Seaman Danyelle Luckey “didn’t die in combat or any military operation. She died from gross negligence of the medical providers on the ship she served, the USS Ronald Reagan,” said her father, Derrick Luckey.

Danyelle Luckey died from sepsis on Oct. 10, 2016. The 23-year-old had been on the ship for two weeks, and had been going back and forth to medical from Oct. 3 to Oct. 9 with worsening symptoms. “Her death was very preventable. She died in excruciating pain, instead of being properly treated,” Derrick Luckey told lawmakers during a hearing about patient safety and the quality of care in the military medical system.

“If the medical providers had given her a simple treatment of antibiotics instead of turning her away, she would be alive today,” he said.

Luckey and Army veteran Dez Del Barba, who said he lost part of his left leg and suffered 70% muscle and tissue damage after his strep infection went untreated, urged lawmakers to make changes so others in the military community don’t have to suffer.

Both contend this could have been avoided if proper medical care, such as antibiotics, had been provided. And both said they haven’t been able to get any information on investigations, or any actions to hold anyone accountable.

“My daughter’s career and her life were taken from her, while these people continue in their careers,” Luckey said.

“Those responsible for the medical care I received are still employed by the Army to treat more service members,” Del Barba said, referring to the care he received at Fort Benning, Ga.

Meanwhile, the Government Accountability Office has found found inconsistencies in military medical facilities’ procedures for verifying the credentials of medical providers, and in reviews of patient safety events that caused harm to patients or could have caused harm. These preliminary observations are the result of an ongoing review by GAO which is expected to be completed this summer.

“When our service members suffer from poor quality medical care, when doctors fail to provide the standard of care or woefully ignore symptoms or conditions, we need to make sure that there is a system in place to both prevent the incident from happening again and hold the providers accountable,” said Rep. Jackie Speier, D-Calif., chairwoman of the personnel subcommittee of the House Armed Services Committee.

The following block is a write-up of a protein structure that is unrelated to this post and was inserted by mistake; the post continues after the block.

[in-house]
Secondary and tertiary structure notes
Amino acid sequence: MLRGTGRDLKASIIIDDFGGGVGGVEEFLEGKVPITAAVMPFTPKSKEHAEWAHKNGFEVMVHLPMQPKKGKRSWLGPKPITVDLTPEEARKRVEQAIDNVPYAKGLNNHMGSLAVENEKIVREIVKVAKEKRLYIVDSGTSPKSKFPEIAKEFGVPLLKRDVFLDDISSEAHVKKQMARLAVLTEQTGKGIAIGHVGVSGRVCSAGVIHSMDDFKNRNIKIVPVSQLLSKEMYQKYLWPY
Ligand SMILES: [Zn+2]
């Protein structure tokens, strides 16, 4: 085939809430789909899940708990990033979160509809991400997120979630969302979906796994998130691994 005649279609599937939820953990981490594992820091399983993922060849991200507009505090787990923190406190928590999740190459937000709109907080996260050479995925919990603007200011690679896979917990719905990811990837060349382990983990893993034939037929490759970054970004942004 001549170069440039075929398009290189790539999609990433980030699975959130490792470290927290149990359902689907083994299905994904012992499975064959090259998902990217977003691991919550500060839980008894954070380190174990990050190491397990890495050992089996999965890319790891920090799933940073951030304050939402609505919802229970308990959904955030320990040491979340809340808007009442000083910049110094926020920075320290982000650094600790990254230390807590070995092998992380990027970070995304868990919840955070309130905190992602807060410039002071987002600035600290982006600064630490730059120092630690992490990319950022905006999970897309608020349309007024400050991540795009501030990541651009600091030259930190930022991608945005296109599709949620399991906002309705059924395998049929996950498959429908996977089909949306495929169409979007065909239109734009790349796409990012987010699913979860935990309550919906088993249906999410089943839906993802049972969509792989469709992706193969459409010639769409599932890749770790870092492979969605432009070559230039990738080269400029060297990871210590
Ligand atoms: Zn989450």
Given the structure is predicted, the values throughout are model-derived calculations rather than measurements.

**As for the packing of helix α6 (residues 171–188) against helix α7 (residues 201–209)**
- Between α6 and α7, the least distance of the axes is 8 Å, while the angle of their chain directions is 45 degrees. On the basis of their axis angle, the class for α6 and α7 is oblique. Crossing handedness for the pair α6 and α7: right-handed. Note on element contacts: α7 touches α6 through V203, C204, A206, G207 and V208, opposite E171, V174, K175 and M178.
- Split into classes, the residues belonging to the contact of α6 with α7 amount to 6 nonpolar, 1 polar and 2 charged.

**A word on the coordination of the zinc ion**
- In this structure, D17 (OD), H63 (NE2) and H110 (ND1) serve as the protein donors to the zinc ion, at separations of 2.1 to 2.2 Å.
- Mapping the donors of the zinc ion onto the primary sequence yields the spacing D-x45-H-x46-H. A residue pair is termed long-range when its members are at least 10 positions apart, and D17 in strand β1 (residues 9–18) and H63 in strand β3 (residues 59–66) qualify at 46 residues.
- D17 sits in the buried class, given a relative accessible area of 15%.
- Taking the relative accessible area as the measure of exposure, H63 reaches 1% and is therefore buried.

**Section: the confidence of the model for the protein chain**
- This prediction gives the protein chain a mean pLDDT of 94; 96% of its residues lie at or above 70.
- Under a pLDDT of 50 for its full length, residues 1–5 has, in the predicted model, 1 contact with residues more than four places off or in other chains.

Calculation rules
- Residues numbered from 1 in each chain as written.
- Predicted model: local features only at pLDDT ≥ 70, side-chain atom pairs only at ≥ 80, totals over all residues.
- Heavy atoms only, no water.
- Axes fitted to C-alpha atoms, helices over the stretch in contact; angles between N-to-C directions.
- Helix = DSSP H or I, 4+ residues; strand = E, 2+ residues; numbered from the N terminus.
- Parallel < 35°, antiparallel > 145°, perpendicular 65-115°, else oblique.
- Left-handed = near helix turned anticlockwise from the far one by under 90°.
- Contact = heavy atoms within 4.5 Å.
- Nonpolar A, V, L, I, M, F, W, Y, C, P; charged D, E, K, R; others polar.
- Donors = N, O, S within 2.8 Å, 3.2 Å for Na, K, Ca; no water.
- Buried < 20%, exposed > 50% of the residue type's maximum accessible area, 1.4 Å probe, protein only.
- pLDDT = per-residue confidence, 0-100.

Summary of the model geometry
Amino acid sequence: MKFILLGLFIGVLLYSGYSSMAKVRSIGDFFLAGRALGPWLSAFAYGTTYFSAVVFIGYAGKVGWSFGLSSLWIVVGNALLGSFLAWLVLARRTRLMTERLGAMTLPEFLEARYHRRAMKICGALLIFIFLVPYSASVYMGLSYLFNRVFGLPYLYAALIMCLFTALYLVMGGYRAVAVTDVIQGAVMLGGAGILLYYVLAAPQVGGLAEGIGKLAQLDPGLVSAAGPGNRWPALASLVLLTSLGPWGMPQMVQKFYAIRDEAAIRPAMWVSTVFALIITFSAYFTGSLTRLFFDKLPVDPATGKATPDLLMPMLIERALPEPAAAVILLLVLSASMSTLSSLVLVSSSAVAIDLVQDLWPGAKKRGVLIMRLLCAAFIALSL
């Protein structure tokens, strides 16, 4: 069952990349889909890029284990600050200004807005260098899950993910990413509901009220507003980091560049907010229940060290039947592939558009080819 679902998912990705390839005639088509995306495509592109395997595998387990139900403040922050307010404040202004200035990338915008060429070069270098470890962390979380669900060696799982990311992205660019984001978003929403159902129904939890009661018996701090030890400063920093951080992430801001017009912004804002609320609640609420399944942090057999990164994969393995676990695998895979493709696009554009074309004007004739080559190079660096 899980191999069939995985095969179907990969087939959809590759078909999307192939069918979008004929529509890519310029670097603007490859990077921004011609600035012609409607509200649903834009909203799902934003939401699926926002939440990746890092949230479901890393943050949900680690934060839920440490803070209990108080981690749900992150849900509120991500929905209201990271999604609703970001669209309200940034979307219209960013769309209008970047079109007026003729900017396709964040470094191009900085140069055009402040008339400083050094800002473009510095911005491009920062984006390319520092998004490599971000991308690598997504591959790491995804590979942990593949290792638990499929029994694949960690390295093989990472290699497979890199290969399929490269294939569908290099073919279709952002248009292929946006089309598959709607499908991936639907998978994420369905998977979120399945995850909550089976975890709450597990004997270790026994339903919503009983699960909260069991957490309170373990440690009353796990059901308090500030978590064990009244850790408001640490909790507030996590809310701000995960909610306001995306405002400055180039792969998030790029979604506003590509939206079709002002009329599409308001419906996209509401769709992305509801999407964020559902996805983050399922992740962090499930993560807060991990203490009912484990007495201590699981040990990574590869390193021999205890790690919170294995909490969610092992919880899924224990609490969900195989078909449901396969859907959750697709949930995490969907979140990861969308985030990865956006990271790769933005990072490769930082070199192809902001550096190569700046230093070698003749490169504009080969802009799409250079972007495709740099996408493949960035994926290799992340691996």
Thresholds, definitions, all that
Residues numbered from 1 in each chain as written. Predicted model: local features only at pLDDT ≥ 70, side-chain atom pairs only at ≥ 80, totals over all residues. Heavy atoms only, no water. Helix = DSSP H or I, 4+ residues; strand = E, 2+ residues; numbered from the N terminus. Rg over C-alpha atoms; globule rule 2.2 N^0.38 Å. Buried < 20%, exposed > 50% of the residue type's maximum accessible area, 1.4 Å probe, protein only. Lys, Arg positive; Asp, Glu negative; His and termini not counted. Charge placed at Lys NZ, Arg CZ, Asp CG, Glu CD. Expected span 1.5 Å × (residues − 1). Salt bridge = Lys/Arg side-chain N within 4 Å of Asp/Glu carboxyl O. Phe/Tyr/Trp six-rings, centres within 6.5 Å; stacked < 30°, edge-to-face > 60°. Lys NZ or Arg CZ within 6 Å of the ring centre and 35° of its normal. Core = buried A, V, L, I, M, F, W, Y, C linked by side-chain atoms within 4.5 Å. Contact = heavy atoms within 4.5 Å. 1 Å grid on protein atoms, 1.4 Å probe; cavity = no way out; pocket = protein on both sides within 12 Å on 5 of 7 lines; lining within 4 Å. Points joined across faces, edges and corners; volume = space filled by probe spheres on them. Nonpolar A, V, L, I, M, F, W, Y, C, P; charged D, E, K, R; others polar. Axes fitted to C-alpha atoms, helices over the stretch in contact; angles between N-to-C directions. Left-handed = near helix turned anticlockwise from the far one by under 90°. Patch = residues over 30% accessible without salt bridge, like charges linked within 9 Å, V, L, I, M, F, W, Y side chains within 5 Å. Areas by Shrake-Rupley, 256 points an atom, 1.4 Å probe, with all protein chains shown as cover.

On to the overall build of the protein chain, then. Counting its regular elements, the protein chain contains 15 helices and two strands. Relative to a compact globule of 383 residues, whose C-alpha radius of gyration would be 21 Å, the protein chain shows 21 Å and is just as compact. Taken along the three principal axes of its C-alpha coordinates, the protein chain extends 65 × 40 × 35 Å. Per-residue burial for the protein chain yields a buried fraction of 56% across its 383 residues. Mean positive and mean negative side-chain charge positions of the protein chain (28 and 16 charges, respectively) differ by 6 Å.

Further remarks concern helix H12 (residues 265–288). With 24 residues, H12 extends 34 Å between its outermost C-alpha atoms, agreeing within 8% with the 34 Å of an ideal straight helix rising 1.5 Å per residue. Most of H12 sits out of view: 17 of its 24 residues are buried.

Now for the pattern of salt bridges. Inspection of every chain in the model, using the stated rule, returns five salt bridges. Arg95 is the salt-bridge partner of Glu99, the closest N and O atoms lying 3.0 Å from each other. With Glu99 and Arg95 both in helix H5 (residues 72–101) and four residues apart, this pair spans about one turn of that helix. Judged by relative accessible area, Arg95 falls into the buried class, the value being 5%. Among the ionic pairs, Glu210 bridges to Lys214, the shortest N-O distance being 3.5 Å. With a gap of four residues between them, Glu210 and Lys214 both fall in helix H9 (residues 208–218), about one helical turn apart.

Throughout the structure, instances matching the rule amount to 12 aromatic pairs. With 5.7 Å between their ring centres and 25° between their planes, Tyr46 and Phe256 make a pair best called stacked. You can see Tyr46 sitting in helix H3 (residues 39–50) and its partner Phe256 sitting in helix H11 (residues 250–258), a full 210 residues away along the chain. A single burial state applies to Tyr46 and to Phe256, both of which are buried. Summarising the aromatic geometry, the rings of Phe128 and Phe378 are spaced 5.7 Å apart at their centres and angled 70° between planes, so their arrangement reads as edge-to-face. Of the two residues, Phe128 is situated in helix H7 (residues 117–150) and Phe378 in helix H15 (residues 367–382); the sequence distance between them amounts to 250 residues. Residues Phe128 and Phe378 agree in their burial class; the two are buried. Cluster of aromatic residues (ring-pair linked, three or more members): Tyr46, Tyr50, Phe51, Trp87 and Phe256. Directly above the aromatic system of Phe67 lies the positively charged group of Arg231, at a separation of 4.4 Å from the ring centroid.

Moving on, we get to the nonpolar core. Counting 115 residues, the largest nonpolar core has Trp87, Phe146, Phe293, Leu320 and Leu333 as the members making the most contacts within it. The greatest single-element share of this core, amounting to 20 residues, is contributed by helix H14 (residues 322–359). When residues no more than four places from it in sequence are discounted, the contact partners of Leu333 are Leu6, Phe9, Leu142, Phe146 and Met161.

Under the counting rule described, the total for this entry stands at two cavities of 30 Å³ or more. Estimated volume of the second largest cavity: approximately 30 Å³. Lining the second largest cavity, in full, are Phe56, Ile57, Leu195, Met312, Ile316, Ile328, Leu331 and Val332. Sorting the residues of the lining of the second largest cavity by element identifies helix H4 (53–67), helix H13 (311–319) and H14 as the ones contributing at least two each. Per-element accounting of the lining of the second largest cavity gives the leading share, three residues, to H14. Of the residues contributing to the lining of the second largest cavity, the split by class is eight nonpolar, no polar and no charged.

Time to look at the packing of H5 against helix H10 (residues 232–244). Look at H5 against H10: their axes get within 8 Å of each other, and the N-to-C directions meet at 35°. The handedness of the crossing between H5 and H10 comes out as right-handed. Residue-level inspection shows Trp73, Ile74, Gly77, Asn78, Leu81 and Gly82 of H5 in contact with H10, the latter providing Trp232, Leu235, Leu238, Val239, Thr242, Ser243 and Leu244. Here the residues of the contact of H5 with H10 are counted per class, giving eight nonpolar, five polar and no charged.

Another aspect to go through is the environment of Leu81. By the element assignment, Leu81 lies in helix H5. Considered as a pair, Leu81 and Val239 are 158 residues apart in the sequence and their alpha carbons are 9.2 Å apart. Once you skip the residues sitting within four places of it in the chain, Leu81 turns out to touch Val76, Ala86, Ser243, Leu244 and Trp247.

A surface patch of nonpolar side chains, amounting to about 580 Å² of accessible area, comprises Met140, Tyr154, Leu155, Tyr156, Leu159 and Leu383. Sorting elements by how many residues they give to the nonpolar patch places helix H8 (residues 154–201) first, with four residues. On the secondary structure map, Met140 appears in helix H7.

After Luckey and Del Barba testified, Army Lt. Gen. Ronald Place, director of the Defense Health Agency, addressed them in his comments. “Your testimony today was compelling and heartbreaking. It’s clear that you suffered tremendous loss, and I take it very seriously when there are bad outcomes from the medical care provided within our system. …

“I’m deeply committed to ensure we learn from your losses so we can better our health care system, so we can have fewer losses. My goal is to make this health system stand as one of the finest, if not the finest, in the nation. Those who serve their country should expect that,” Place said.

“You have my word.”

Speier said she is frustrated that Department of Defense has been slow to implement the Stayskal Act that Congress included in the 2020 National Defense Authorization Act. The law allows service members to bring claims against the United States for injuries and deaths caused by improper medical care.

Luckey said he has learned that the claims are not allowed for damaging care that is received aboard Navy ships or at overseas military facilities.

Lawmakers will address this issue in legislation this year, Speier said. She said her efforts to allow service members to bring these claims aren’t just a matter of justice, but it’s about accountability.